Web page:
Gringotenango at Lake Atitlan

Female Indian in Panajachel Lake Atitlan is a beautiful lake in Guatemala, situated at the foot of two majectic volcanoes. The village on the shore, Panajachel, is also referred to as Gringotenango, foreigner town. It is a laidback town, visited by many adventure travellers. They enjoy the scenery, the colorful Guatemala Indians in the neighboring villages, and an excursion to the famous market of Chichicastenango.

Early in the morning, a coaster brings us from San Christobal de las Casas to the Guatemalan border, where the landscape, people, and houses change dramatically. There is also more chaos in Guatemala, and it is much more colorful than in Mexico.

Driving in the mountains, we see the impact of recent flooding. Pieces of the road are washed away, and at some points we have to make a detour over a dirt road to proceed. On the narrow roads, we are frequently overtaken by the beautifully colored, packed Guatemalan chickenbuses. But we are pleased with our own rented coaster, with the driver Juan who drives more careful and safe.

After a few hours of driving through the highlands of Guatemala, we notice the first volcano. The second one is located along Lake Atitlan, our destination for today. This lake is surrounded by three volcanoes and a number of Indian villages. Guatemalan Chickenbus We are heading for Panajachel, a typical backpacker village. The Guatemalans refer to the village as Gringotenango, foreigner village.

As soon as we have stuffed our gear into our hotel room, it's relaxing time. After a small our of enjoying the great view over lake Atitlan to the volcanoes, however, it's time to explore the village. Lots of colorful people and street stalls selling souvenirs to the tourists. Even without buying anything, it's a nice village to explore.


From Panajachel we make an excursion to the famous Indian market of Chichicastenango. Upon departure, the sun is shining and it’s hot, so we wear shorts. Upon arrival in Chichicastenango, however, it is cold, cloudy, and it’s even raining. When the rain stops, we are ready to visit the market.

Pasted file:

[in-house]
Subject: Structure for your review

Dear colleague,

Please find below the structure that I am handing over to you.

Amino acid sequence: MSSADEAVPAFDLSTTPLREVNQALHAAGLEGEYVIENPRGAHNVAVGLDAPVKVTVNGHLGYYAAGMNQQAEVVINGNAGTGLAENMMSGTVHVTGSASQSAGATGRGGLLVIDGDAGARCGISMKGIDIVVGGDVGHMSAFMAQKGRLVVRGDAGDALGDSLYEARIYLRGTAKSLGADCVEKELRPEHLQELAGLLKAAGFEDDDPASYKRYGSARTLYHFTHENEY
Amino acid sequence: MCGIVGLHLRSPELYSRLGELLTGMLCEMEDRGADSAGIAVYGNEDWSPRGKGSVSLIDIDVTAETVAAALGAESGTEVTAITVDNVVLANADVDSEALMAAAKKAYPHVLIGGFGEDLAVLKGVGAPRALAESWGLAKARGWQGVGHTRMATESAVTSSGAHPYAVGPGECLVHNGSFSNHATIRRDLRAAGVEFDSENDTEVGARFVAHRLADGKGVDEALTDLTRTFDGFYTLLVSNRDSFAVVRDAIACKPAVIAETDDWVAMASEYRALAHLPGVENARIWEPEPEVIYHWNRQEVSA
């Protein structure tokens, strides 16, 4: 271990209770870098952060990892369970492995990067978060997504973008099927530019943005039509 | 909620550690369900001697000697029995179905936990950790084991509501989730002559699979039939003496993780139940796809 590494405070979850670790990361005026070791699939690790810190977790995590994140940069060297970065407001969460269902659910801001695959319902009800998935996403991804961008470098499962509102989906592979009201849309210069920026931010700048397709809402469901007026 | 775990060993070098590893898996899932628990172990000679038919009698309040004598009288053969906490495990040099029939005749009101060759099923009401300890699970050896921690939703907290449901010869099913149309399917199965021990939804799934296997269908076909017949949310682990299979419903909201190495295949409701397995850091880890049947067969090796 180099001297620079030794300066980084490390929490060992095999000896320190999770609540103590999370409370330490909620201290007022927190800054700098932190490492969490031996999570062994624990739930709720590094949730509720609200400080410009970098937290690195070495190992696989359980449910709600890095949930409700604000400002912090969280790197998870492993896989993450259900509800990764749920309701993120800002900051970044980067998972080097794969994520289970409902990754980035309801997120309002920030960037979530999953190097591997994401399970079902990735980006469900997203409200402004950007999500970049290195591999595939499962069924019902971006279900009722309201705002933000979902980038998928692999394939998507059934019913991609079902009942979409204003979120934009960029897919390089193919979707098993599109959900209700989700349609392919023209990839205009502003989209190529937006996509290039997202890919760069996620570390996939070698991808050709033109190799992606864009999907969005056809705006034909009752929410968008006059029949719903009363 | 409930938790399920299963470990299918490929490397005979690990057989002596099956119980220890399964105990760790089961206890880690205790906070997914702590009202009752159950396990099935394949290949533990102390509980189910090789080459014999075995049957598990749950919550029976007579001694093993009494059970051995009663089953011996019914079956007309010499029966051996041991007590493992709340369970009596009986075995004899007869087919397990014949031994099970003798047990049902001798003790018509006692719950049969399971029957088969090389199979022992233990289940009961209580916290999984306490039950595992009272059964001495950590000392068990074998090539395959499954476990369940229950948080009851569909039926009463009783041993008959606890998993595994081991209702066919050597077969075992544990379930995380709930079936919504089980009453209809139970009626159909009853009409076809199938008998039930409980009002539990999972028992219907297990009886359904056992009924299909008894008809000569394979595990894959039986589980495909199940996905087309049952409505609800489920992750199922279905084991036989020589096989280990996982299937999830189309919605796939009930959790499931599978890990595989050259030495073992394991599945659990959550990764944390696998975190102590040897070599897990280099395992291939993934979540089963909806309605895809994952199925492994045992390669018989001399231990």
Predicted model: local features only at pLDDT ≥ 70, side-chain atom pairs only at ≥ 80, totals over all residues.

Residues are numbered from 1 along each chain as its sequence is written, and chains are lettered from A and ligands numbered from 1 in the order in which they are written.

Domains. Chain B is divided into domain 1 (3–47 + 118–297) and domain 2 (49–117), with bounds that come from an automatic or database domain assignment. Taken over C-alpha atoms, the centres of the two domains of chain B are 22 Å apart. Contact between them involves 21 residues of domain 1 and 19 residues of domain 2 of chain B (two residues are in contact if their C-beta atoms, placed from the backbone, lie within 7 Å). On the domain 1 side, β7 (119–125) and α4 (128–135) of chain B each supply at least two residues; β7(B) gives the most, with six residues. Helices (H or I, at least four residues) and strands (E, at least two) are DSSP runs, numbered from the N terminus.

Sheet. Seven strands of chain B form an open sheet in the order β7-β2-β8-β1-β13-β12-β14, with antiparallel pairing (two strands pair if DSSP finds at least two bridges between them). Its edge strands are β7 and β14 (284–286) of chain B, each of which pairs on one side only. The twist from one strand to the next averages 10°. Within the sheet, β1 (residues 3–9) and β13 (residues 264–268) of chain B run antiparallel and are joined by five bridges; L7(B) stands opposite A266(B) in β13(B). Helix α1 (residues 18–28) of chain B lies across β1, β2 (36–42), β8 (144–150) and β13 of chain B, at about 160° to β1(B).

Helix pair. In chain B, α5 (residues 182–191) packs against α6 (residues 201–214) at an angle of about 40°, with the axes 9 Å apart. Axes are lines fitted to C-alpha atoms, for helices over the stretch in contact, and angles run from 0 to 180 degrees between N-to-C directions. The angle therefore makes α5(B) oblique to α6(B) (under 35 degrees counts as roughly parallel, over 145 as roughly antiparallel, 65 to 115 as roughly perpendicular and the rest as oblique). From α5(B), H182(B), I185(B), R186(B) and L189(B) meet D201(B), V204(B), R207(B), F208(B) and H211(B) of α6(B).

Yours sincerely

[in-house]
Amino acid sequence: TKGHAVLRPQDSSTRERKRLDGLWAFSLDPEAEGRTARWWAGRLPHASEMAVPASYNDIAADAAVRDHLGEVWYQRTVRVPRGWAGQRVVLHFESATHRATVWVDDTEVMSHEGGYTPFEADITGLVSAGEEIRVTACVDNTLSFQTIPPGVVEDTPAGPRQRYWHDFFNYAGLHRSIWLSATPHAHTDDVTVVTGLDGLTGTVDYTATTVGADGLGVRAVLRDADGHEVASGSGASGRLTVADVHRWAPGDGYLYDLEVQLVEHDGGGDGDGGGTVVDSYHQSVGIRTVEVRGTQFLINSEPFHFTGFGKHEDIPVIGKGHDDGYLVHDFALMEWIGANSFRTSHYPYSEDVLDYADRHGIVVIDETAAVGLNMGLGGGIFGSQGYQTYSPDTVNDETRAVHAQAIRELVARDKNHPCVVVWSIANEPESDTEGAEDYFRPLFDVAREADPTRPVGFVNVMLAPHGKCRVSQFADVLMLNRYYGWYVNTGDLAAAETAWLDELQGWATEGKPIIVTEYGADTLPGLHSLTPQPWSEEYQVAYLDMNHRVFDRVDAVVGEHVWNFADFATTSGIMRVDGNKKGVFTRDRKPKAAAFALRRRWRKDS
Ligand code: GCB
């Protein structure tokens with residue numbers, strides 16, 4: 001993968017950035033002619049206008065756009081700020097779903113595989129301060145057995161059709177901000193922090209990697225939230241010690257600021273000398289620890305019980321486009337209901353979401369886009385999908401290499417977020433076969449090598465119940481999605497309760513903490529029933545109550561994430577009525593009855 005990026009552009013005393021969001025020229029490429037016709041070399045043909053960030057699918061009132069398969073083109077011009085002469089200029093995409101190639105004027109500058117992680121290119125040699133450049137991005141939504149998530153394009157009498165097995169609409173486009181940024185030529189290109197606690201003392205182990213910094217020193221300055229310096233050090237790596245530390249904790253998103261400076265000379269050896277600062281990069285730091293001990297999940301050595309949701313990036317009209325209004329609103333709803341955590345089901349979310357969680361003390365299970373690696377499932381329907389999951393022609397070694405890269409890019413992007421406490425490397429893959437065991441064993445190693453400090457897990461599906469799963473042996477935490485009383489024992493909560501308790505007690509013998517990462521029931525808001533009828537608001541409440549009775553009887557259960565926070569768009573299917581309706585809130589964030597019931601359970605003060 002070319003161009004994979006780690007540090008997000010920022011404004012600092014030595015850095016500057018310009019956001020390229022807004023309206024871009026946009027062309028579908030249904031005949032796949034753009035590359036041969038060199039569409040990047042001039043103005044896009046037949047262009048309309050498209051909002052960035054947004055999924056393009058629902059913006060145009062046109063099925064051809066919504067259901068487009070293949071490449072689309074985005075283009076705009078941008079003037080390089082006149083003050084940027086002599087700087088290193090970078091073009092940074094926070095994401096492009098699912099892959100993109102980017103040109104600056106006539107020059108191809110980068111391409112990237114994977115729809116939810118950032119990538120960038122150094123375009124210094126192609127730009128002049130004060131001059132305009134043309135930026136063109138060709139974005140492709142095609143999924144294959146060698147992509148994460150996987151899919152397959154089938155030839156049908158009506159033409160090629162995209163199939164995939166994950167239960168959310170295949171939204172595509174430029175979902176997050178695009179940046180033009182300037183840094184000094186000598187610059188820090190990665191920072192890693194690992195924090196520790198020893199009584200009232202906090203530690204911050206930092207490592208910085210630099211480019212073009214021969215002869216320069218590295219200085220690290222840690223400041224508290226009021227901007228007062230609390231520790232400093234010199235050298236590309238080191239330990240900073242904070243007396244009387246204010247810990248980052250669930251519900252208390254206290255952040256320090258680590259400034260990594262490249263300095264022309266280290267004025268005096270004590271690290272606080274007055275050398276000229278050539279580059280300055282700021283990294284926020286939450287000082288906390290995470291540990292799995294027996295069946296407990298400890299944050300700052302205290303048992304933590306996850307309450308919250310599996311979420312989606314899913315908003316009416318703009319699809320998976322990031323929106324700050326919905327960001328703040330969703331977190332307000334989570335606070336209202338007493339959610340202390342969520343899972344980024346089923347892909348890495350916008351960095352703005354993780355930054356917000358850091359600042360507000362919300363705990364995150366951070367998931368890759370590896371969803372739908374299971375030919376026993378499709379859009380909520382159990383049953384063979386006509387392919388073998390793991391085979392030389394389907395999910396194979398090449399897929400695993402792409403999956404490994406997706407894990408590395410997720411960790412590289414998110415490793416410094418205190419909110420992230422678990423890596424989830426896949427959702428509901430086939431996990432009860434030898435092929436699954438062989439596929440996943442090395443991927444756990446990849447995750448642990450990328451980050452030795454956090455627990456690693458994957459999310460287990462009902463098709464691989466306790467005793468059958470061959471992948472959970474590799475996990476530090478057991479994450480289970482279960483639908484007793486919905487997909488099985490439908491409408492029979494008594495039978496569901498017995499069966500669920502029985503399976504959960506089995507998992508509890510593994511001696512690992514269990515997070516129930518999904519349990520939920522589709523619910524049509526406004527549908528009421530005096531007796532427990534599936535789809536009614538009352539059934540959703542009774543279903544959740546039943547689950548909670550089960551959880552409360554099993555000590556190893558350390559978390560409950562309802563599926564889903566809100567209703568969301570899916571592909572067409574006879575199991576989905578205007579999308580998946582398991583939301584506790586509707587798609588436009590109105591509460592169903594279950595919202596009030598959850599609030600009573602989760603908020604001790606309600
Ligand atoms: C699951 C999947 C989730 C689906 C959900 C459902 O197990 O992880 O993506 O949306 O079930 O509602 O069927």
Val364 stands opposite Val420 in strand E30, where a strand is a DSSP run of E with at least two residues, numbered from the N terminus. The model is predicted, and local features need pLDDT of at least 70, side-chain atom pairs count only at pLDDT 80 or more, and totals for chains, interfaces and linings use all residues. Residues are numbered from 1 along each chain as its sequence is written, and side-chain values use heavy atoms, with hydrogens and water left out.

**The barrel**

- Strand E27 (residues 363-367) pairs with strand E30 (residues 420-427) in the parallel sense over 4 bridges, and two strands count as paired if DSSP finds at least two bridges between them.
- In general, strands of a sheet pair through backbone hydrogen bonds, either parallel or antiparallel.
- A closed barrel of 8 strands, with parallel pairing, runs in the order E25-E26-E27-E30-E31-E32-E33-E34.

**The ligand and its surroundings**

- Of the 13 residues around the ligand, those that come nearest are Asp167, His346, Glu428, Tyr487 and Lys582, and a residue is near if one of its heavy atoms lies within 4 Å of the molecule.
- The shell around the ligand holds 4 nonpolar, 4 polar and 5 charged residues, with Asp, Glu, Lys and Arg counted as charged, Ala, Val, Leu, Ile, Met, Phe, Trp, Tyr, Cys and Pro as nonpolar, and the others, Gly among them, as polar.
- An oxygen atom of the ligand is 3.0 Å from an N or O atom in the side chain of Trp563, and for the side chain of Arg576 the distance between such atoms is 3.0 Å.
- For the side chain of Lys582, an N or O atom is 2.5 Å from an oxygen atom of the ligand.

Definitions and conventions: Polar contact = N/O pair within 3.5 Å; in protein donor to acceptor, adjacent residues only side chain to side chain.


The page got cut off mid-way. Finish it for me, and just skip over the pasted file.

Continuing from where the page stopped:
Church in Chichicastenango First we visit the covered vegetable market, which we watch from above. Colorful is the key word here, both for the vegetables and the people. Then we mingle in the crowd. Although there are many souvenir booths, the number of tourists is limited. There is no danger of losing sight of each other, we are much taller than the Indians surrounding us.

We arrive at the church at the side of the square. The stairs to the church are filled with Indian performing ceremonies. The stairs are sacred, so we cannot pass. Instead, we return to the market where we decide to buy a mask. We haggle a little, but this is much less of a culture here than it is in Asia or Africa. There is clearly a lowest price, and we have to settle for that.

We head for the middle of the market, where the food stalls are located. It is even more crowded here, although there are virtually no tourists. The food smells and tastes fine, though. After a bite here, we leave the large square to have a look in the other streets. Here are many booths as well, but also a lot of “loose” sellers. These are much more annoying, because they keep following us, especially when we indicate we like something. For over a quarter of an hour, a woman follows us until we arrive at our bus and we get in. She had a nice blanket, but it’s of no use for us.

The bus brings us back to Panajachel, where the sun is shining and we spend the rest of the afternoon along the lake. The following morning we have breakfast there as will, with a nice view to the volcanoes. But then it’s time to say goodbye to this lovely laidback, and colorful village.

Panajachel and the other villages around Lake Atitlan are great for adventure travel. Exploring the surroundings, taking a boat trip, visiting the villages, etcetera. The colorful market of Chichicastenango is also worth visiting. Although much visited by tourists, it is still mainly a market for the local people.

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